By continuously feeling into and contemplating what is true and changeless about us, we expand into connection with our deeper, more authentic selves, and give our authentic expression greater outlet, regardless of the role or activity.

When we feel connected to our divinity, our essence, then fulfillment is natural, regardless of external circumstances. When we are not connected to our essence, no amount of external success or recognition is fulfilling.

Meditation as a spiritual practice is also a great aid in connecting us to our essence because it creates more spaciousness within us whereby we see ourselves and the world in greater clarity. A simple breathing meditation will do, where we sit in stillness and keep bringing our attention back to the breath as the mind tends to wander.

A spiritual teacher once said, “If you have time, meditate for 15 minutes a day. If you don’t have time, meditate for 30 minutes a day.” There is great wisdom in this humorous phrase, and yet it is less important how long you meditate each day than it is that you are consistent in meditating daily. If you take one minute each day to get still, pay attention to the breath, and tune in to your inner being, it will be helpful. And the amount of time spent in meditation is likely to expand on its own with practice.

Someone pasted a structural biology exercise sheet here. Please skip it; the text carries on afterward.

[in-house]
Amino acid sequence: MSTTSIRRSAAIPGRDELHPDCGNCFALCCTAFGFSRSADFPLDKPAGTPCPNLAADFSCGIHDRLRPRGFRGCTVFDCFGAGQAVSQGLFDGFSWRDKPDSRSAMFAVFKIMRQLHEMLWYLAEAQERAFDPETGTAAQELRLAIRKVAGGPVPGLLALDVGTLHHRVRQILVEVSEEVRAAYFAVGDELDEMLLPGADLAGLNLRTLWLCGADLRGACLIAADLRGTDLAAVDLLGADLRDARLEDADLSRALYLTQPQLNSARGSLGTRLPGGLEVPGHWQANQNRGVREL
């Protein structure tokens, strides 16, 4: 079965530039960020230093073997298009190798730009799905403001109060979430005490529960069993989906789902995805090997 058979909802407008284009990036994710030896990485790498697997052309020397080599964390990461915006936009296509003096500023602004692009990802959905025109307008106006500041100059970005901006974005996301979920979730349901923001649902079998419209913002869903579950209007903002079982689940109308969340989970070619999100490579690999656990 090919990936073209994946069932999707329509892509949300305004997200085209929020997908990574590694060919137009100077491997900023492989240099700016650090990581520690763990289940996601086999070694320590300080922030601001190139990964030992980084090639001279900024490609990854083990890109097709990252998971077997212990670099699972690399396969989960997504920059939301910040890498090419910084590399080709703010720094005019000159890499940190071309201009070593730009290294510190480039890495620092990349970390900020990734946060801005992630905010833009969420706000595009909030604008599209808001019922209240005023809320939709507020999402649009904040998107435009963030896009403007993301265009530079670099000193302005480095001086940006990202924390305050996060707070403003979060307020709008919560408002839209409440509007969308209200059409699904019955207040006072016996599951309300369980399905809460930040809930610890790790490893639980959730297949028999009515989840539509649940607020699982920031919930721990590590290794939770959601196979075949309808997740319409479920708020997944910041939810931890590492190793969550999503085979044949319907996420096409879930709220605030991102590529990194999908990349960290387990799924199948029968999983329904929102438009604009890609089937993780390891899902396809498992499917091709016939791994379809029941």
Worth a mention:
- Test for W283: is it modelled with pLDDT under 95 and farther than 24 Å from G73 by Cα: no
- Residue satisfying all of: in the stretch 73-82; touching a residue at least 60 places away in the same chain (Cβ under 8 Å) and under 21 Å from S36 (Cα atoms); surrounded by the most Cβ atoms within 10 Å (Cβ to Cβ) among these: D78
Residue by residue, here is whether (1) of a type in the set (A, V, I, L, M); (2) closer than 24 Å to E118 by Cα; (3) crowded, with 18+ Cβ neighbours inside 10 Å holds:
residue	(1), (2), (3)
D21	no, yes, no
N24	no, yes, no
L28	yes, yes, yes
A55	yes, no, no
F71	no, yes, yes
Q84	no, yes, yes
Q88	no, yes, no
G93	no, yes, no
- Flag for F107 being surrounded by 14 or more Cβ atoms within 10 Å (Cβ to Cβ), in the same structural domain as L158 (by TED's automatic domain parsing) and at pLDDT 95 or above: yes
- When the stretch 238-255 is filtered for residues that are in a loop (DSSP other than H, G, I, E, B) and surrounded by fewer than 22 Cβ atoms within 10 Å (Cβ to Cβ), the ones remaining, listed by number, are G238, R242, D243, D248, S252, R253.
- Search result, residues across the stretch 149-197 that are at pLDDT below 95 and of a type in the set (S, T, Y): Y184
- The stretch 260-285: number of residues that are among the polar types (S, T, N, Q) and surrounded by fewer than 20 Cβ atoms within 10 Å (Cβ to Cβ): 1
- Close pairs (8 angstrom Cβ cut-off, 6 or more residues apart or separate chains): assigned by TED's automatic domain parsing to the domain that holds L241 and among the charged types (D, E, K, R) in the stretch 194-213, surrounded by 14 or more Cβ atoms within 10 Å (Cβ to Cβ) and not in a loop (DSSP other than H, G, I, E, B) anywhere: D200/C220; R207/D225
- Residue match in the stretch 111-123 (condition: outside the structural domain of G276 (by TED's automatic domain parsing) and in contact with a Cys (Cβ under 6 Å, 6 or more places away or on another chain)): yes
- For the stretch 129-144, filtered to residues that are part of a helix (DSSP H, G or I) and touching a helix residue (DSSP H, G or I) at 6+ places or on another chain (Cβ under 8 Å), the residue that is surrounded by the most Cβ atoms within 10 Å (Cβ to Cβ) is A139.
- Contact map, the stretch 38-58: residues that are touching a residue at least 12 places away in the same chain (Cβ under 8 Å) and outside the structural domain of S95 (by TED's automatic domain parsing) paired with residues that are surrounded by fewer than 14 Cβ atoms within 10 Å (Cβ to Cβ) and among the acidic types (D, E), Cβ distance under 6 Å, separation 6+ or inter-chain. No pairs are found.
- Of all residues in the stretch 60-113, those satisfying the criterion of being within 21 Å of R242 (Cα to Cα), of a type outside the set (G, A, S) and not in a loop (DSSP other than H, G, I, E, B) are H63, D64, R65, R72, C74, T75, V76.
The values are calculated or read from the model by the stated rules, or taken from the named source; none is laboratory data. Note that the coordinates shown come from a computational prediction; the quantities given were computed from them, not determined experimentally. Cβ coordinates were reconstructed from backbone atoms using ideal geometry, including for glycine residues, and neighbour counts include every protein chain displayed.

The invitation this day is to contemplate “Who am I?” “What is my essence?” And then to live in the question as it continues to bring greater light and clarity.

Enjoy the journey.

Gregory has an upcoming online class based on Gay Hendricks’ book “Conscious Living.” Click here for more information.

Blog – Evolving Beyond Mind – Part 2

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In Part 1 of this series, I described how “mind” is a stepping stone to something greater, and not the final frontier of our journey. Being mental beings has taken humanity a long way, but it is not by continuing to expand our mental capacity that we will move to the next evolutionary stage.

The next stage will require us to fully become spiritual beings. Sri Aurobindo, the early twentieth century Indian guru, teacher, and philosopher, said “Intuition brings to man those brilliant messages from the Unknown which are the beginning of his higher knowledge. Reason only comes in afterwards to see what profit it can have of the shining harvest.”

In the mental realm, we know about Spirit. We even have some ways that we can use spiritual principles and higher ideas to create a better life for ourselves. But we don’t necessarily have an experience of ourselves as Spirit. We believe in oneness, but we don’t necessarily have an experience of oneness.